Surprising as it may seem, it is not a copy-editor’s job to spend their time checking that an author has their facts right. It is the author’s job to check that any factual information in their work is correct. Research, on the author’s part, is paramount. With the availability of the Internet and other computer resources, there is really no excuse for getting facts wrong. Of course, everybody makes mistakes, but careless detail will bring an author’s credibility crashing to the ground. This applies to fiction, as well as non-fiction.
A copy-editor cannot be expected to have in-depth knowledge of the subject of a book, however, if the author has been careless, then a little research by the copy-editor is acceptable, but not beyond basic fact checking. Generally, the copy-editor should assume that the author has done his – or her – own checking. But what if they have not?
In mainstream publishing, by the time a copy-editor is given a typescript to work on, it has already been past the commissioning or developmental editor. However, as a freelance copy-editor, working directly with clients, I can be faced with a large amount of incorrect factual information. This can result in blurred boundaries between what is a generous copy-edit and a developmental edit, and I believe, in this situation, it is reasonable to offer to carry out the research for an additional fee.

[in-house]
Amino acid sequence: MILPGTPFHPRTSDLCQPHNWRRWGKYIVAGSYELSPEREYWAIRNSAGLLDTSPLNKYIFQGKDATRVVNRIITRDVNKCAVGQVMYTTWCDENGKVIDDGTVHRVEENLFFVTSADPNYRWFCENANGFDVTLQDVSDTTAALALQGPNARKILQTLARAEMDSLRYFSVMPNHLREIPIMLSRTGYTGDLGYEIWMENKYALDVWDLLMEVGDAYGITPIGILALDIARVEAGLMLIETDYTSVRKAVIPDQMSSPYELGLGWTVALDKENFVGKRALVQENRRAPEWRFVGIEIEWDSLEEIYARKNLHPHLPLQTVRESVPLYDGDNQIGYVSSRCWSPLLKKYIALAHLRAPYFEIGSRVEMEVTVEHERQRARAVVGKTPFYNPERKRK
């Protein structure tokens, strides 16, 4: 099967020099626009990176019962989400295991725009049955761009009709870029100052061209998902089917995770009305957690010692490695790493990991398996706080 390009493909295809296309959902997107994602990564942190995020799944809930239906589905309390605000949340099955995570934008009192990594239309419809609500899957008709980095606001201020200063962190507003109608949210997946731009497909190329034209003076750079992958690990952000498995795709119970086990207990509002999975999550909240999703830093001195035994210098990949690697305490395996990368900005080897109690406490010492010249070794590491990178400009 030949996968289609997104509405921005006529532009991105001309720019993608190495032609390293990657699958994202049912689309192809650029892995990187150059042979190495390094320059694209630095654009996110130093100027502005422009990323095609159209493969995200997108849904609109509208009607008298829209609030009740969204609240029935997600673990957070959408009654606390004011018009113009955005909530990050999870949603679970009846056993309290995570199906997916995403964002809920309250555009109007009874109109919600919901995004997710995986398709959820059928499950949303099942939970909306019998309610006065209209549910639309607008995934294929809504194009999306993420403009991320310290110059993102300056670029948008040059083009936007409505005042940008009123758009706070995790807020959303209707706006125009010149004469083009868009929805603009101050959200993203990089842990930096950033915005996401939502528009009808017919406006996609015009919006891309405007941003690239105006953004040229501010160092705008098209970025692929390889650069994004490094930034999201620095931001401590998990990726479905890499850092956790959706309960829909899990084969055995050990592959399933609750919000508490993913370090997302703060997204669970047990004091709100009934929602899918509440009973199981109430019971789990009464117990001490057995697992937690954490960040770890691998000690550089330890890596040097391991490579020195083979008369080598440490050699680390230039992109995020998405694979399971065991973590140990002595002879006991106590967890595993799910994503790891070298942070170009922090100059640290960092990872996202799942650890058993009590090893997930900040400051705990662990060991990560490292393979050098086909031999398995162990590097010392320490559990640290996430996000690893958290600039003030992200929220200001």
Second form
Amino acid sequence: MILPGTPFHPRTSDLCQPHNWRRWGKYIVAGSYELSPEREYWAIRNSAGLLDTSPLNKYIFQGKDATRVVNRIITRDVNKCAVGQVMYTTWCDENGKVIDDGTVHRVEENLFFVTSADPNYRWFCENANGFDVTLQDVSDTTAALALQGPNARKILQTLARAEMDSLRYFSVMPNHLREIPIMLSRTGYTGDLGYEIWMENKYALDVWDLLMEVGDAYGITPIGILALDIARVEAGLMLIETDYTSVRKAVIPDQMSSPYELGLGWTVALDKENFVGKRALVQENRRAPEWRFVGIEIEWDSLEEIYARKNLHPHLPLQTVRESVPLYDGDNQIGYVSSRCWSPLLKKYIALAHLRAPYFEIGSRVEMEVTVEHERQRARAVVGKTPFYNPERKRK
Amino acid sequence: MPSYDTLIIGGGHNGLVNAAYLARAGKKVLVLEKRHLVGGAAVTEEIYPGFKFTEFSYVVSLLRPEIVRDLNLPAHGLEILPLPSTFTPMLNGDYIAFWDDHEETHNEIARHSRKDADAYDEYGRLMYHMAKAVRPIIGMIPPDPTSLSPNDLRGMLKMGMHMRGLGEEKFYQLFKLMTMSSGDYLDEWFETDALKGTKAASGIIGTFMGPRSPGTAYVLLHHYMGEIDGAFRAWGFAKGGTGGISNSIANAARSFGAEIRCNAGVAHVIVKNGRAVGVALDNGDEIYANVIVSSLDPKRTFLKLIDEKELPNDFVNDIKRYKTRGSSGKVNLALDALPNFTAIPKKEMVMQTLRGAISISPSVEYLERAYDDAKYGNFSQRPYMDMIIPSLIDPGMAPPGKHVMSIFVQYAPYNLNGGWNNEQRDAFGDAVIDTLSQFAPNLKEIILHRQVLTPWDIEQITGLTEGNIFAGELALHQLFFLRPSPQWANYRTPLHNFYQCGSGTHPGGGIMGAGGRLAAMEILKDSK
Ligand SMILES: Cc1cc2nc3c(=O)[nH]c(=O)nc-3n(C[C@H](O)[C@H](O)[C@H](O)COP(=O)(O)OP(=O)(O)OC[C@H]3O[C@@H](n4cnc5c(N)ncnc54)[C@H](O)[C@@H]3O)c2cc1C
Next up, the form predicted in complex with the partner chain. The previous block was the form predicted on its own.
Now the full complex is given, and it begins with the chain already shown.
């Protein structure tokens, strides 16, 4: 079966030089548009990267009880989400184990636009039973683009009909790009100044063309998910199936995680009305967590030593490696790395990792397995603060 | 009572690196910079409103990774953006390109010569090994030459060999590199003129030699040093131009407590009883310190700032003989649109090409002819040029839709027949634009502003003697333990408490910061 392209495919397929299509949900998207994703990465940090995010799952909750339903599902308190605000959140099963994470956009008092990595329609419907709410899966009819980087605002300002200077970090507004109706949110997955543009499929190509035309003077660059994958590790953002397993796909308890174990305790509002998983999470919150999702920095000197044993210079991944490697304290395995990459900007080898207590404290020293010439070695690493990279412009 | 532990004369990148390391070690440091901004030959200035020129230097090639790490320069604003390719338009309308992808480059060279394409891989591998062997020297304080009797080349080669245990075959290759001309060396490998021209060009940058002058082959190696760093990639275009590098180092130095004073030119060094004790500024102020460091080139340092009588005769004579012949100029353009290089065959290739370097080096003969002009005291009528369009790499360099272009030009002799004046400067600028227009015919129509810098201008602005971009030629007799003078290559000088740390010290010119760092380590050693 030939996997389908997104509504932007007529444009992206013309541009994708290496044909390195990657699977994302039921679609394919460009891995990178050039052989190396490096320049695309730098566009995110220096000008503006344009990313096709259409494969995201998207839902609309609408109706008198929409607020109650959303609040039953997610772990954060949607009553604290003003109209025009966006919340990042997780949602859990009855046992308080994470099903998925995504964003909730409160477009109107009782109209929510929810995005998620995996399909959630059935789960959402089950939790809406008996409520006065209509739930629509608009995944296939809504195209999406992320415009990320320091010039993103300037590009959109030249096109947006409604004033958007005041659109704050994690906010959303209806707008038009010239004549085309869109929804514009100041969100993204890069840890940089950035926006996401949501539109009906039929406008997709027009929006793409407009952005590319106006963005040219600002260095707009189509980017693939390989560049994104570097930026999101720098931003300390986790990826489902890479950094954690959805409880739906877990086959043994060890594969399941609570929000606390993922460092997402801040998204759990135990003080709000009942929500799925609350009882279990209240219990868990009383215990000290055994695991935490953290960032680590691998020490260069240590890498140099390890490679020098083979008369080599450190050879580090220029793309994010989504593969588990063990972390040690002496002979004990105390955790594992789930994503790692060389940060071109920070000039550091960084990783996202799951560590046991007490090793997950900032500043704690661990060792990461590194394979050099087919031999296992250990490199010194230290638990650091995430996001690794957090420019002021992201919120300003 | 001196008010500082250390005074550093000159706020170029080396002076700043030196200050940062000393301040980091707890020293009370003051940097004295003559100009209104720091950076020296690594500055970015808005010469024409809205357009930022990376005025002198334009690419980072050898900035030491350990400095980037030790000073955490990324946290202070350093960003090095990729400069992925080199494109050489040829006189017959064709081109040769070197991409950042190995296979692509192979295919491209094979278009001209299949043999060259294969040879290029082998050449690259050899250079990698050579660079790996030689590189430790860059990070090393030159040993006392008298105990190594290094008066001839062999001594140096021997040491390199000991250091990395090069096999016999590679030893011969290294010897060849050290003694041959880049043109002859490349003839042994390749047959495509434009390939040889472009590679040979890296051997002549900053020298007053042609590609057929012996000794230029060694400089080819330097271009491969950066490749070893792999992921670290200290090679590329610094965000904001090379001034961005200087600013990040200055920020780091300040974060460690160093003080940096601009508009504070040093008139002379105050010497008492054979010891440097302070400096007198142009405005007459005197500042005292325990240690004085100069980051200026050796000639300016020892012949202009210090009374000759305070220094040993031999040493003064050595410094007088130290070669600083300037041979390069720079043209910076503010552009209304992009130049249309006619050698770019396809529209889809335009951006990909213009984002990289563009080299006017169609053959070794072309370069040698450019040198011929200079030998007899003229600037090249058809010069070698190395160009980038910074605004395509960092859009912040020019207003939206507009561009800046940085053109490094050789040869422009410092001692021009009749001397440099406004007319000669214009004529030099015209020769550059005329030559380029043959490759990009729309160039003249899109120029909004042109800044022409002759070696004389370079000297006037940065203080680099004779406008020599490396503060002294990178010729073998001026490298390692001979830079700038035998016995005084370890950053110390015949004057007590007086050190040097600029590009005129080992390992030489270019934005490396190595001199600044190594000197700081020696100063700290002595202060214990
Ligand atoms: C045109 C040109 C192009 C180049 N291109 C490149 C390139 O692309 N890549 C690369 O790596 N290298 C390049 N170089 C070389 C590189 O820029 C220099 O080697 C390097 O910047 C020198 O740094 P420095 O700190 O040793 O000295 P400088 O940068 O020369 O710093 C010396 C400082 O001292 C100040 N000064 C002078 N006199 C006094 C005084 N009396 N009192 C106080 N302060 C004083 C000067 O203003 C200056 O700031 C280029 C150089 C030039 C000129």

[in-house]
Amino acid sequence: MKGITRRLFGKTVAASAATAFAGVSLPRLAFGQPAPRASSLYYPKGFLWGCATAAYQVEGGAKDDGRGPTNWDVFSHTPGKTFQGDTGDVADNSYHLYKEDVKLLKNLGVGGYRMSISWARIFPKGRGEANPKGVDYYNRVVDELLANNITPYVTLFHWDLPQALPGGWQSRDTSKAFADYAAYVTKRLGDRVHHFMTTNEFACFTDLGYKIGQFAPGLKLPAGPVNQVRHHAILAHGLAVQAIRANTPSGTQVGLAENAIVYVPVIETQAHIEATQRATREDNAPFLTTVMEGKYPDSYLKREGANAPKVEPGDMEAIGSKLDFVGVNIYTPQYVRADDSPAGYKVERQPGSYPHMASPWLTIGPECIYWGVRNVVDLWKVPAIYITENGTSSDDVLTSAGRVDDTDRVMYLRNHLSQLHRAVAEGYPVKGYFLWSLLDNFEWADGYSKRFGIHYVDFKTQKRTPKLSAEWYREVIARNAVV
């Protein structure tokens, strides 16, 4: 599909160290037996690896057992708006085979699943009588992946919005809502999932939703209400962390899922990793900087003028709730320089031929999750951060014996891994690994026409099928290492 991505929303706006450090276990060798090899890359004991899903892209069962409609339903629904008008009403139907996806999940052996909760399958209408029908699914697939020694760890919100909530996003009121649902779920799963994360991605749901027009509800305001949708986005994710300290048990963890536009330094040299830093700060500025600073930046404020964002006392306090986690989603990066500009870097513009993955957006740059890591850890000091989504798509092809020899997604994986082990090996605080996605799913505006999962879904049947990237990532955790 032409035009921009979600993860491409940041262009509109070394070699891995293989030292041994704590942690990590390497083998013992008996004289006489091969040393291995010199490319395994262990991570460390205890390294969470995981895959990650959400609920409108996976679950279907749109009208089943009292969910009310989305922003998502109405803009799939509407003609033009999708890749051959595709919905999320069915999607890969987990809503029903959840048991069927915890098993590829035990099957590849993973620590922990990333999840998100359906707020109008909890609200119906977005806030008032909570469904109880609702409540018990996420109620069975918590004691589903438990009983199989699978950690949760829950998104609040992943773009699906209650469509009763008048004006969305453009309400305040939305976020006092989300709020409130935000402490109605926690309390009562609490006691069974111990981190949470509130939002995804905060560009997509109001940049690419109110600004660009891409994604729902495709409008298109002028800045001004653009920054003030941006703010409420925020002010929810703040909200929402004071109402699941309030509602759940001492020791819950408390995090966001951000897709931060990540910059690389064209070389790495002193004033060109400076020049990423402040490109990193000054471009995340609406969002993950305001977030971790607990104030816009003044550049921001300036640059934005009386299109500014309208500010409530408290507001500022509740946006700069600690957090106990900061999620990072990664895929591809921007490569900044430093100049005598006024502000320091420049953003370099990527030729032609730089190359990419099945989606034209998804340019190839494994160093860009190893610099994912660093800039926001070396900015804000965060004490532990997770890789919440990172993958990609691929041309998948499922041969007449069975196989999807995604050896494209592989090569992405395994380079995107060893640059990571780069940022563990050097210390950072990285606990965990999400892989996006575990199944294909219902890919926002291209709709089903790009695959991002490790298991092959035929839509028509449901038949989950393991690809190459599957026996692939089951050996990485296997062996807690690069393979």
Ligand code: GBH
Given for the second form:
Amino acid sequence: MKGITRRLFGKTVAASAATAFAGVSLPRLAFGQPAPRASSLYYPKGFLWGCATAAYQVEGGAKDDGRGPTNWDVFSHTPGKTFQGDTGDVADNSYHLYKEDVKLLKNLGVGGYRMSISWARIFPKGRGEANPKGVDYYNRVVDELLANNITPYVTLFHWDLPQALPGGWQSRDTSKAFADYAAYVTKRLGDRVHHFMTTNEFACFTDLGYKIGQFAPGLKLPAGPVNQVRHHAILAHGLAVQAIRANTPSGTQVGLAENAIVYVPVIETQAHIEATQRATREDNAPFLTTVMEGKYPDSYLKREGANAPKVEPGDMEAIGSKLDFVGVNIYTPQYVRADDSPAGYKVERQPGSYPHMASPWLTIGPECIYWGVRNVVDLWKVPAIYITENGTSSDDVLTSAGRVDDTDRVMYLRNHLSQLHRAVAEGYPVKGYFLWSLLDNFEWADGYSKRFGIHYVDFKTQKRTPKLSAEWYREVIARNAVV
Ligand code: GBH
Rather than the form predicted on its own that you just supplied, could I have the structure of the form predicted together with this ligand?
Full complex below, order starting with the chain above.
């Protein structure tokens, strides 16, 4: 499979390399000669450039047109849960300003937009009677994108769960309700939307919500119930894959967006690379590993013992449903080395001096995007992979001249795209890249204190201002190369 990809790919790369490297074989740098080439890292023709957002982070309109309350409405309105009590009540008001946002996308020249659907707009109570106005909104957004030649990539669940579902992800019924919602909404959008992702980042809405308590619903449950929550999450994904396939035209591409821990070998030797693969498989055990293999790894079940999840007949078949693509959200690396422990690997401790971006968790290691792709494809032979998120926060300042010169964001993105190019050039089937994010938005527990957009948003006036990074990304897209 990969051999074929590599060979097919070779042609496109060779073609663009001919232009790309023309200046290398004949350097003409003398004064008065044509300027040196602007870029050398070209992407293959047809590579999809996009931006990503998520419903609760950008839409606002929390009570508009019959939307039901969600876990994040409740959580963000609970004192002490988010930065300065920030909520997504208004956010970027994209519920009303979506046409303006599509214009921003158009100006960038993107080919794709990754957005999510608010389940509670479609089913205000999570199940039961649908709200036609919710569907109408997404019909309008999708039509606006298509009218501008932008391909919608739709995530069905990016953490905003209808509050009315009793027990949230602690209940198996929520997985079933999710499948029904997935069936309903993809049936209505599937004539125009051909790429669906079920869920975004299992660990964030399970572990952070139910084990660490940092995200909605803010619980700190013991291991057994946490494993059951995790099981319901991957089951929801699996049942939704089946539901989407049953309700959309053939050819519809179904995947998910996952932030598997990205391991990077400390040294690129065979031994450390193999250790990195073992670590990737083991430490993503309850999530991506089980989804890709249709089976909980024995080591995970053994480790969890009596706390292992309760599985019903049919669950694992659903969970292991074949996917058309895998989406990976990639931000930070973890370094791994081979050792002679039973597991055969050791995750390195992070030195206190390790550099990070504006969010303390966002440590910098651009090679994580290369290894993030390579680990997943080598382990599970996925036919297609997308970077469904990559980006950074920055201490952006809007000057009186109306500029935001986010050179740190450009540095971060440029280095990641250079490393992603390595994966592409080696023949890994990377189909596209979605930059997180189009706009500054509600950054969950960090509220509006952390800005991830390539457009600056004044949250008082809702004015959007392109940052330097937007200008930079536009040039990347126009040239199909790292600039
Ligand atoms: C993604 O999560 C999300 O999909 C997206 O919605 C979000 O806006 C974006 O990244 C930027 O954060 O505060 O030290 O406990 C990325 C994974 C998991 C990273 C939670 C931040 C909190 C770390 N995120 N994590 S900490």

The most common errors of fact, I have come across, occur in the use of:
- Events (historical and recent)
- Quotations (misquotes, and incorrect attribution)
- Timelines (the order in which things happened)
- Ranks, titles, and forms of address
- Foreign words and phrases
- Word origin and use
- Claims based on myth and misconception
Most of the above can be checked online, but it is always a good idea to make use of reference books.
Of course, in fiction, a writer can claim that the Loch Ness monster crawled out of the murky waters to lay an egg, which hatched and grew into a forty-foot Tyrannosaurus that ate all the local inhabitants… but to then state that Loch Ness is a tidal sea estuary will destroy all of the story’s credibility!
However good the idea behind a story, having to continuously check an author’s facts can make a copy-editor’s job heavy going. A good copy-editor should draw to the author’s attention anything that appears suspect.